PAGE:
Bank CIO Mary James on the importance of keeping IT people business-focused

FY Teng

On the security front, the implementation we're running to counter DDOS attacks started about a year ago, and we are in the midst of completing it.

And as for mobility, we've been working on enterprise mobility for the last two years, during which we have had to put in a lot of infrastructure. We had to implement application virtualization, we had to put in place a strong mobile device management solution, and we had to wireless-enable our buildings. We've completed most of the infrastructure and now we're working towards solutions for sandboxing and mobile device management refinements, and also looking more closely at bring your own device (BYOD) and how users can enable their own mobile devices to work within our enterprise framework. I think we'll be done and live within this year with those.

Are there any other emerging ICT trends that you are currently exploring?
There are a couple. Everyone talks about Big Data. I'm not ready yet. But I'm looking very closely at that space because I think it's extremely interesting. With our dabbling into social media, which we've been quite successful at so far, I believe that in about a year from now, we will have to look at how we can feed all that information into our data warehouse, and then leverage Big Data solutions for analytics.

The other thing I'm looking at is biometric security for our customer to make it easier for them to access either our Internet or mobile banking services. Our soft tokens are pretty easy to use, but I want to make it even more convenient for them to bank with us. So far, though, I haven't seen anything that appeals to me with respect to how well integrated it can be within our current infrastructure.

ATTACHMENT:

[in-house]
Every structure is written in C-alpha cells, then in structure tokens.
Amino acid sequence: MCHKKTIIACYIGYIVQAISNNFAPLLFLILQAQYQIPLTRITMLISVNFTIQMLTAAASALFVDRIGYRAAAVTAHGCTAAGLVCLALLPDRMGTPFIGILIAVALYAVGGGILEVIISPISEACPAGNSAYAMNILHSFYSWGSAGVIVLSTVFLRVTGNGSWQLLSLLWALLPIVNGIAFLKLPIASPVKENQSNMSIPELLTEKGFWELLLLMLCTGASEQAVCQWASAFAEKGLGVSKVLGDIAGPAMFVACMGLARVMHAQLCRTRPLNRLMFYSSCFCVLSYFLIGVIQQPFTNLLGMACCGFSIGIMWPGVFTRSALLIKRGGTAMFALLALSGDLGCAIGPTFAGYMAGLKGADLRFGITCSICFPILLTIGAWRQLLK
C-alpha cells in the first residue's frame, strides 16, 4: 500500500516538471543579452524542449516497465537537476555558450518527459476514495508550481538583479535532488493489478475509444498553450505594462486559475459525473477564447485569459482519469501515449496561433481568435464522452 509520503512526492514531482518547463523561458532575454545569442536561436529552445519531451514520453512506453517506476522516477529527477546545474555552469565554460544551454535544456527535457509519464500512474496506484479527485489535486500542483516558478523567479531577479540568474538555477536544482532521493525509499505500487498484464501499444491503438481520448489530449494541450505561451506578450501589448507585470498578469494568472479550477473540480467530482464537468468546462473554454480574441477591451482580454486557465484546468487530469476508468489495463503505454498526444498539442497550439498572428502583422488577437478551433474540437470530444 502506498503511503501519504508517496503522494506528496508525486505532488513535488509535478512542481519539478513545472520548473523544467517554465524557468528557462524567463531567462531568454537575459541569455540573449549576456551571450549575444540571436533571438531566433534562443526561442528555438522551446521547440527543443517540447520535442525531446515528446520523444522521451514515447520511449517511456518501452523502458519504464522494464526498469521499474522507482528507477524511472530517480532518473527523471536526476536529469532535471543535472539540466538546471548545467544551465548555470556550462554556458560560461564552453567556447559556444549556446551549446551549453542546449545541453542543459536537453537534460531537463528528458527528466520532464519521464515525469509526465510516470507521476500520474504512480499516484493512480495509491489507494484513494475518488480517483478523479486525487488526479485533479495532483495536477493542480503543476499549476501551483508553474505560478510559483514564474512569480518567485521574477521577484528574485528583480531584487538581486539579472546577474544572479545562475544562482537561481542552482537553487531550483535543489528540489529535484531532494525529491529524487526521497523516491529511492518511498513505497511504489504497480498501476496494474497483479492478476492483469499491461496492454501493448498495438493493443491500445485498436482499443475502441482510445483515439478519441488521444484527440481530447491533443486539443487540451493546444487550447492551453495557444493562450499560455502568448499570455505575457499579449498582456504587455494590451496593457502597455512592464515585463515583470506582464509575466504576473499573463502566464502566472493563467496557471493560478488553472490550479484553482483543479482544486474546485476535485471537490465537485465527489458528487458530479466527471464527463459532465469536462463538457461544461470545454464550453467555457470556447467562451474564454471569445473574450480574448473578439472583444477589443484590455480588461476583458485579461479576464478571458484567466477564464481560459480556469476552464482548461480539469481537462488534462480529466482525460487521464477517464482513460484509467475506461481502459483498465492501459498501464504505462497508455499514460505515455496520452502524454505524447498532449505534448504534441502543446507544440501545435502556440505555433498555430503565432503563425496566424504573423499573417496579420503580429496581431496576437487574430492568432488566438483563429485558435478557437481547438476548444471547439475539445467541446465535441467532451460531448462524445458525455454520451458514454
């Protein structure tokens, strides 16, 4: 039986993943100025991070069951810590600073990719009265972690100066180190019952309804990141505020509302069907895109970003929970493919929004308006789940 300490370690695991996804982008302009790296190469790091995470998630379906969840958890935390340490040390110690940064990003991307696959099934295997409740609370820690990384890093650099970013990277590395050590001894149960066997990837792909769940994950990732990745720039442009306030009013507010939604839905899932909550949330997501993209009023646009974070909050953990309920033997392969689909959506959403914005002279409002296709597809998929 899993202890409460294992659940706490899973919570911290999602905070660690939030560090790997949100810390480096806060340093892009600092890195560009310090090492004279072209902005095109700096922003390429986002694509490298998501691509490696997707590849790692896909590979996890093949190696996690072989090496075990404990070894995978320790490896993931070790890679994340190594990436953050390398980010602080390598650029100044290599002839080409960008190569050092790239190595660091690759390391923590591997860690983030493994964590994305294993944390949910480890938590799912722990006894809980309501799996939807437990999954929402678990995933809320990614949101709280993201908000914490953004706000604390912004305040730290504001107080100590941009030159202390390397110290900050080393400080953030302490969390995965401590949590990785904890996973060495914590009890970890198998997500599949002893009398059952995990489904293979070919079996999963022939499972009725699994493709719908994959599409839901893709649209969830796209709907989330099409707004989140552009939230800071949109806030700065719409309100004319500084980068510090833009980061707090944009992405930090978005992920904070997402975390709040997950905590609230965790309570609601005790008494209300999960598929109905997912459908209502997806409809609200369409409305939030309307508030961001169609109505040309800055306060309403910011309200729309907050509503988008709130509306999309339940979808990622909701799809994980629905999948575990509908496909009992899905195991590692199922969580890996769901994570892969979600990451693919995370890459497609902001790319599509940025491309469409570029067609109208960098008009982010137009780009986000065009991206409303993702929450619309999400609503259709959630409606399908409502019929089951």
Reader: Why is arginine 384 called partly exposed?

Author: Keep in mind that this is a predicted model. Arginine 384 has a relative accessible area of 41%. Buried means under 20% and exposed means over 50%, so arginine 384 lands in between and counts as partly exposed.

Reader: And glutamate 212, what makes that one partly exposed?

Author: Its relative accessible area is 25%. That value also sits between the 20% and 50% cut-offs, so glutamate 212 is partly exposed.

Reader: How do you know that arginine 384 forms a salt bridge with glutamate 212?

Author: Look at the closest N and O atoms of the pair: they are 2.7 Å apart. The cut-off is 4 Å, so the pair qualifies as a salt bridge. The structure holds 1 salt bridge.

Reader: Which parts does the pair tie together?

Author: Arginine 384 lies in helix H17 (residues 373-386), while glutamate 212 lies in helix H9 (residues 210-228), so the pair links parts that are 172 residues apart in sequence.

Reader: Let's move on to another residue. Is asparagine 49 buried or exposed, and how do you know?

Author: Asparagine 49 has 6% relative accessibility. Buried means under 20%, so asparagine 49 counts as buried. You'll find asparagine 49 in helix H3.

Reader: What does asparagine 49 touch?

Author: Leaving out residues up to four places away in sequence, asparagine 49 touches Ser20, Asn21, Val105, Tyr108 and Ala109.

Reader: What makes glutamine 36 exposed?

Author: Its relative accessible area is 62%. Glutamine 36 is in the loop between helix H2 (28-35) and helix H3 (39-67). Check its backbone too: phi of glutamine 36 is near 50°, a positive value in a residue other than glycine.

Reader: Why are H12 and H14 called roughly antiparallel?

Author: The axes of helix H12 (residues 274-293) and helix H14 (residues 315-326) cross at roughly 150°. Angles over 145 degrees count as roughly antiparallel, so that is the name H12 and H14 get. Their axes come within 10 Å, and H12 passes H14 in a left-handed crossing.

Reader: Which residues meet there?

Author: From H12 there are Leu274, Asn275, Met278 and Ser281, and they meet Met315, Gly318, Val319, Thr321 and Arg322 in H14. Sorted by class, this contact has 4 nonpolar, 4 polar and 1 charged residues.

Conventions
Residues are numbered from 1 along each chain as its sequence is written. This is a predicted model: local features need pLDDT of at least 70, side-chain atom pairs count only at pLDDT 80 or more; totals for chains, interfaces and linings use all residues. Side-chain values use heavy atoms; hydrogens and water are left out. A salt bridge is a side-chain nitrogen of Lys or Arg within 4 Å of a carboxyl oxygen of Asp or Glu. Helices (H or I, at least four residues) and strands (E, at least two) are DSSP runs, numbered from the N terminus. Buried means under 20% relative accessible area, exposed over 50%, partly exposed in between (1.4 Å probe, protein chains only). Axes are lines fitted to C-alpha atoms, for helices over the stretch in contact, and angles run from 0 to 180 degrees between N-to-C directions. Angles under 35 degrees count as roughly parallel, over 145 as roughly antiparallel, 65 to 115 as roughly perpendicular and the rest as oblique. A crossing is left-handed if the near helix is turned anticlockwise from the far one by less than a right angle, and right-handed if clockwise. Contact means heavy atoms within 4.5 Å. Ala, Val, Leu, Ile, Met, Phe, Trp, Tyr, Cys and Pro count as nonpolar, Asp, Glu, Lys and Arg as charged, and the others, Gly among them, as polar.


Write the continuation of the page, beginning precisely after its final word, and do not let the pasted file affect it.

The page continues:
In your capacity as the paramount leader of technology of a financial house, what have been your greatest challenges?
I have found that the executive relationships I've had to maintain within the various organizations that I've worked in to be not difficult at all. I think one of the fundamental reasons for that is because I consider myself a business person before I consider myself a technologist. I am a banker. I understand the banking needs. I put myself into the place of customers first before I put myself in the position of CIO. So for me to build executive relationships has never been difficult because I always make every effort possible to truly understand the business.

One of my key challenges is that of changing the mindset of my staff, and getting them to look at their jobs in the context of the bank the same way I do. That is, to not look at what they're working on from a technology viewpoint but rather in terms of how it impacts the customers' experience.

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